Pension authorities review these calculations. For example, in Ontario, the Superintendent of Financial Services is responsible to the Ontario Minister of Finance for enforcing the Ontario Pension Benefits Act.(12)

In the case of final average salary plans the actuary is required to calculate liabilities allowing for future pre-retirement indexing. The actuary is never permitted to make the unrealistic assumption that all employees will terminate employment on the valuation date.

This implies that the calculation of employer contributions reflects full pre-retirement indexing. The plan is holding assets for every plan member sufficient to provide full pre-retirement indexing for inflation. Once employer contributions have vested, all the benefits derived therefrom (including full indexing of the pension up to retirement in the case of a final average salary plan) are the property of the employee. To protect the solvency of the plan, employer liabilities, and consequently employer contributions, are calculated taking into consideration the assumption of indexing for inflation prior to retirement.

The required plan liabilities applicable while employees are still active are considerably higher than the low transfer values that would be paid if the plan member terminated employment prematurely.

In the case of family law, it is important to introduce evidence to explain that indexing for inflation required for final average earning plans can be accurately reflected by the use of a low discount rate. There is no Ontario case law, where such evidence has been given, which deliberately required the elimination of pre-retirement indexing for inflation, should the member remain in the plan to retirement - only case law rejecting future productivity in excess of inflation. When we turn to the Ontario Family Law Act, it includes employer contributions (and their dependence on pre-retirement indexing) in the definition of family property as it reflects the pension plan values.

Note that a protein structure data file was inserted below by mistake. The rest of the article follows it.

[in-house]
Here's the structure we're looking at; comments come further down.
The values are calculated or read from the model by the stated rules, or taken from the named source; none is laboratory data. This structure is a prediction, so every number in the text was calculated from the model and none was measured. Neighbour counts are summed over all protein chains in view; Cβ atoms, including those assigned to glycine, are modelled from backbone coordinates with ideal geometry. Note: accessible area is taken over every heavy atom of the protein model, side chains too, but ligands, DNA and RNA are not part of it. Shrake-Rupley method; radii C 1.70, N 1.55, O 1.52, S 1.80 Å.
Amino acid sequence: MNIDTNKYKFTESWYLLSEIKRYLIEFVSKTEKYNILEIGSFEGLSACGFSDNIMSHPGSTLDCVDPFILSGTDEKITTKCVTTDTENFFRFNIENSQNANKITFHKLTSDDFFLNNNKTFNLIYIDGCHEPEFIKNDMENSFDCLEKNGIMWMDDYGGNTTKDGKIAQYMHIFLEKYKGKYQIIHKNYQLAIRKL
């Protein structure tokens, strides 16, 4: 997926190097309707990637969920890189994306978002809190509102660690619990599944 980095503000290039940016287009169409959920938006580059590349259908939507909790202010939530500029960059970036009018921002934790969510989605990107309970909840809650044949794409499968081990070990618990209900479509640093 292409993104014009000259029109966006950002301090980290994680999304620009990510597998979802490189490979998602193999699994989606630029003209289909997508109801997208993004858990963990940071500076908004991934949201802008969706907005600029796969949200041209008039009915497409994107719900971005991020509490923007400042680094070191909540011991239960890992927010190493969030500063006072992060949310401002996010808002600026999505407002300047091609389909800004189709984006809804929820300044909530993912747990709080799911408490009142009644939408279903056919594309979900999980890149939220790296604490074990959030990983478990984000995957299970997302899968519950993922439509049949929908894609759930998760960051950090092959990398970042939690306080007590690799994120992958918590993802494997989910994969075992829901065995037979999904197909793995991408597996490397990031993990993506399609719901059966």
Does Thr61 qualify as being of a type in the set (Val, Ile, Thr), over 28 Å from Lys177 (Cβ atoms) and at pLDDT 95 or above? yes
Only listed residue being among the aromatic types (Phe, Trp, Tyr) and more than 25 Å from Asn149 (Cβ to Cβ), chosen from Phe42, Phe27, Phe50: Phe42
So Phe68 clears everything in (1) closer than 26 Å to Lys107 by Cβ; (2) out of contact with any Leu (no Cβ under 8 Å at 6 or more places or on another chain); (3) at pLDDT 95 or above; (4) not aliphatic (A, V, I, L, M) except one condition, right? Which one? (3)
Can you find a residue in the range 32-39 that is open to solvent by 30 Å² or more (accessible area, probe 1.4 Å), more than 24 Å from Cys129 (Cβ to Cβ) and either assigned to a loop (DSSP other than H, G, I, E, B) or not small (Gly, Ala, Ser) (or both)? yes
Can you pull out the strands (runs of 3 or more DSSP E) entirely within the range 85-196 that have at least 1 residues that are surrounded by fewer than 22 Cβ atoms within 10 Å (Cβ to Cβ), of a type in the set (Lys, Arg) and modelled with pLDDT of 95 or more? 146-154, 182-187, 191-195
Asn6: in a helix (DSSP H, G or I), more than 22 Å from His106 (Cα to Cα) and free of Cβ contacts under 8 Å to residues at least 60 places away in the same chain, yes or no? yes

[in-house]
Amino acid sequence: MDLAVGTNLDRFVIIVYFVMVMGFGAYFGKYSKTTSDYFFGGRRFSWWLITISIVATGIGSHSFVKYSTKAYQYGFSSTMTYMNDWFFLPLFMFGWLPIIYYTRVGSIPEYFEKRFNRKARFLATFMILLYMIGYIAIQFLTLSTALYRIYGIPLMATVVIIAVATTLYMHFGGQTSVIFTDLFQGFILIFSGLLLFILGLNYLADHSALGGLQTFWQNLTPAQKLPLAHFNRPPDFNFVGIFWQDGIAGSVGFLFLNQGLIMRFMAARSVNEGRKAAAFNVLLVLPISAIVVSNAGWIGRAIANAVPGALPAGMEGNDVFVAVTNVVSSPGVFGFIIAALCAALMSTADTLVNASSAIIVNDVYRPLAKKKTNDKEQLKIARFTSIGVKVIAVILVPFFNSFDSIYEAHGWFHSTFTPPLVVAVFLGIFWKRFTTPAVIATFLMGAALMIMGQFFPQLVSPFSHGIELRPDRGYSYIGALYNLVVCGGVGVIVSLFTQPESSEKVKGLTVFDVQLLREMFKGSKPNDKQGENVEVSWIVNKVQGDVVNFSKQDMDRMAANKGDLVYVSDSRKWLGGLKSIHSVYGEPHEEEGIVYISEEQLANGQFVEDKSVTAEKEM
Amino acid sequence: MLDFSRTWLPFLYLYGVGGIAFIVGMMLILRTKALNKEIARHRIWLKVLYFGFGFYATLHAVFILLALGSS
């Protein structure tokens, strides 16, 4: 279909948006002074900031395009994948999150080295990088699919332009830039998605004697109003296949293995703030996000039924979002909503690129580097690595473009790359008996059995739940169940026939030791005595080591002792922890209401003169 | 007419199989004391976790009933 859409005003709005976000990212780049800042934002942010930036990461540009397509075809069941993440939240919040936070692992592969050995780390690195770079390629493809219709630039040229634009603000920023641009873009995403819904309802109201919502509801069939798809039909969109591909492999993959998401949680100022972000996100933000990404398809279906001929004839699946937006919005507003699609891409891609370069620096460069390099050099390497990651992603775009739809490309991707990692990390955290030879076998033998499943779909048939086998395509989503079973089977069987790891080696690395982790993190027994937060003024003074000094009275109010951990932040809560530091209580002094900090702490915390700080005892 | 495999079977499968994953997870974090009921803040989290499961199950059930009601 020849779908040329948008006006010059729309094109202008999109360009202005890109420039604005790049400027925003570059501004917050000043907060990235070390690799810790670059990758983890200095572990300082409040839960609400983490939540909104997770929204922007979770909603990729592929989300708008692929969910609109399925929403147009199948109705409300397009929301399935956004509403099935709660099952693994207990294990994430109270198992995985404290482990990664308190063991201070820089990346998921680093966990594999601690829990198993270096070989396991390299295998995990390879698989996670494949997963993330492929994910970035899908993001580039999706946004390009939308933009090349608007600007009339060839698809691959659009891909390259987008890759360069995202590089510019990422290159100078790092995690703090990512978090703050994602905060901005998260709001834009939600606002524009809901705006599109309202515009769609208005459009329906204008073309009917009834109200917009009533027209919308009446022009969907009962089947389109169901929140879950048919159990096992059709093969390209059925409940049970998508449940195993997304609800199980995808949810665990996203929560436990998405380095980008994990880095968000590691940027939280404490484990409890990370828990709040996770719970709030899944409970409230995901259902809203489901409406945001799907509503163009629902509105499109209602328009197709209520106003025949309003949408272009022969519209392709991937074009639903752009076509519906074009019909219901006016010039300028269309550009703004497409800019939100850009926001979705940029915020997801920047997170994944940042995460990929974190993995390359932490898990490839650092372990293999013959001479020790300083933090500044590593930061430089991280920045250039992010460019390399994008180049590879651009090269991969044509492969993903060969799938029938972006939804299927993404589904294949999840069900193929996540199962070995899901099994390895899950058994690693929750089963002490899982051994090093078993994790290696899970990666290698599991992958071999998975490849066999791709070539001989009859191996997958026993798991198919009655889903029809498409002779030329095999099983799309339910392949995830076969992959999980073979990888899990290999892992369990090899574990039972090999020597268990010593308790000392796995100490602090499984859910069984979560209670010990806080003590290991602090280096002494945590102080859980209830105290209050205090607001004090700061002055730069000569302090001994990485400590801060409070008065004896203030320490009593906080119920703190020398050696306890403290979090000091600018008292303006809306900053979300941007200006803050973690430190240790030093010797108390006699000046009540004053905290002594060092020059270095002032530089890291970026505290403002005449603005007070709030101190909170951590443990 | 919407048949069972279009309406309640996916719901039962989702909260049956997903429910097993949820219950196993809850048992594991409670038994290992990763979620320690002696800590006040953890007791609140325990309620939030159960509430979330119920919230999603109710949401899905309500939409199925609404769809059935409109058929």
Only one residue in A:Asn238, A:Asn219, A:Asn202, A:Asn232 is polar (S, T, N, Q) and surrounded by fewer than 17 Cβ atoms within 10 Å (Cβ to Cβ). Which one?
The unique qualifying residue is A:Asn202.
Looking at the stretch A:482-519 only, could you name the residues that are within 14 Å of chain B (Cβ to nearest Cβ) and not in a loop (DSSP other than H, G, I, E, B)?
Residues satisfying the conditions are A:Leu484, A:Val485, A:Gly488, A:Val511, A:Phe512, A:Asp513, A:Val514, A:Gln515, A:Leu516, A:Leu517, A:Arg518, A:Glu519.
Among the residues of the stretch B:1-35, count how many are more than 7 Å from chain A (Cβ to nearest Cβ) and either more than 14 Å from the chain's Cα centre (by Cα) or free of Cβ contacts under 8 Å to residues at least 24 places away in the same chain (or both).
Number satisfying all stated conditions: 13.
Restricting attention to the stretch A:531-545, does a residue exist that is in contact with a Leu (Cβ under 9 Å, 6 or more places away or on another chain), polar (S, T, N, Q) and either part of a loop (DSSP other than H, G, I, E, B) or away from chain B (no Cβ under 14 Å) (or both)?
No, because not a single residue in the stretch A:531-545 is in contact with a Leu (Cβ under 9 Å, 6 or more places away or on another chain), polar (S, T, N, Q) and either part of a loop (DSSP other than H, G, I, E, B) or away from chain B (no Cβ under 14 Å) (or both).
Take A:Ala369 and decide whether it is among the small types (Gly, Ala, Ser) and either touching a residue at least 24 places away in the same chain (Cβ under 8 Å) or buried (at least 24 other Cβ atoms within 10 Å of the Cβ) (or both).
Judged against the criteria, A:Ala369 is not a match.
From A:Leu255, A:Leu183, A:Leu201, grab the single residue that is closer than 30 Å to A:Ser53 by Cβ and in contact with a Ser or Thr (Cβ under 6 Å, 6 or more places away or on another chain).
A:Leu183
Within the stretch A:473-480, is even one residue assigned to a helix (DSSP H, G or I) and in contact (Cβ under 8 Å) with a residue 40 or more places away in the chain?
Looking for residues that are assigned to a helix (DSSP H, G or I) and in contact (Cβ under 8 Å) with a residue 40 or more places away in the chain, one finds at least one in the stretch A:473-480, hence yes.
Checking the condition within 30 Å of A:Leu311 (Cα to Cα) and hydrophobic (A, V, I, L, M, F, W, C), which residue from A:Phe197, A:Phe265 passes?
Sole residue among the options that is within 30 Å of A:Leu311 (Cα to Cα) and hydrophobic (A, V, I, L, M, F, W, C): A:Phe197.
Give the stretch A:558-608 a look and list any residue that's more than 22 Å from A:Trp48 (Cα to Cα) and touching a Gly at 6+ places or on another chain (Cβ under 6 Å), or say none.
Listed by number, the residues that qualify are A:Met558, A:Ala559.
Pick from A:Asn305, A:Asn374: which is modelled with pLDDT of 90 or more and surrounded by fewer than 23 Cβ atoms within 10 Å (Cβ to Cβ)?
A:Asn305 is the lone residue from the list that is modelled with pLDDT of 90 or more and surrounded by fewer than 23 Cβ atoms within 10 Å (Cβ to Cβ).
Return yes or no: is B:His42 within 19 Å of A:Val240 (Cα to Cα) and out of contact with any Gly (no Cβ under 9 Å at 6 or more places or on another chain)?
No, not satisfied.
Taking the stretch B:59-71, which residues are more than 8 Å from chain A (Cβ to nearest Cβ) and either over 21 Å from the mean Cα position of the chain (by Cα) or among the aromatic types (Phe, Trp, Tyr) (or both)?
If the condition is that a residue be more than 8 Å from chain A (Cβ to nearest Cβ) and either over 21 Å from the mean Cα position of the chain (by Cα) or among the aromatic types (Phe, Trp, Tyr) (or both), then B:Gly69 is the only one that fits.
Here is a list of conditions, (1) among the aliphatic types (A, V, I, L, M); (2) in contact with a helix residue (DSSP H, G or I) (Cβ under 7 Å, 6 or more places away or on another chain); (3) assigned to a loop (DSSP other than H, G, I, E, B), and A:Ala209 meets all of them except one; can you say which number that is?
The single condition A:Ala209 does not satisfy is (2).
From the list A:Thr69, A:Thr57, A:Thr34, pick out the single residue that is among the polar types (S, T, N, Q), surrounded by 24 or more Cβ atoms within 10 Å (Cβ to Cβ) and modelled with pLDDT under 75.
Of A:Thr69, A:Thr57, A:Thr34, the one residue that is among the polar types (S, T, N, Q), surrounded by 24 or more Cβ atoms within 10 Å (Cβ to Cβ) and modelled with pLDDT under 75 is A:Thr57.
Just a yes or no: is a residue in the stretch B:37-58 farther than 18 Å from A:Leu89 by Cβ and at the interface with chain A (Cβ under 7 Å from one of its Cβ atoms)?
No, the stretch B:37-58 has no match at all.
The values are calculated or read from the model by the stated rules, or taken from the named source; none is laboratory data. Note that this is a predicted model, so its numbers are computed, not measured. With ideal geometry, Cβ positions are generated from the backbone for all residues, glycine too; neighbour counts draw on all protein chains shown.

"property" means any interest, present or future, vested or contingent, in real or personal property and includes,

. . . . .

(c) in the case of a spouse's rights under a pension plan that have vested, the spouse's interest in the plan including contributions made by other persons.(13)

We can condense this section in one sentence:

The value of a vested member's pension at the valuation date is defined by the Family Law Act to reflect not only the employee contributions but also the employer contributions; in effect, this is the total liability defined by the provincial Pension Benefits Act to provide for all future benefits to the member for service during the marriage, including the recognition of the fact that the ultimate benefit at retirement will reflect full pre-retirement inflation.

8. Ontario Case Law On Private Sector Plans
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The only appropriate case law in Ontario for private sector plans is based on the relatively few reported cases such as Halman v. Halman and Bascello v. Bascello(14) that deal specifically with private sector pension plans.

In these two cases clear evidence was presented that

  • the calculation of employer contributions invariably takes into consideration full pre-retirement indexing;
  • this can be accurately reflected by using a low real interest rate;
  • (In rare cases, where the actuary was not familiar with this technique and incorrectly stated that speculative salary projections were required whenever it was assumed the employed would continue to participate in the plan, this speculation was rejected.)
  • had termination occurred on the valuation date, there would have been no further pre-retirement indexing of the deferred pension commencing at retirement; but that
  • should the employee remain in the plan until retirement, full pre-retirement indexing for inflation would be appropriate for these final average salary plans.

In other words, a range of possibilities should be considered. In both these cases the court agreed there were two extremes and that a compromise value between the two was appropriate.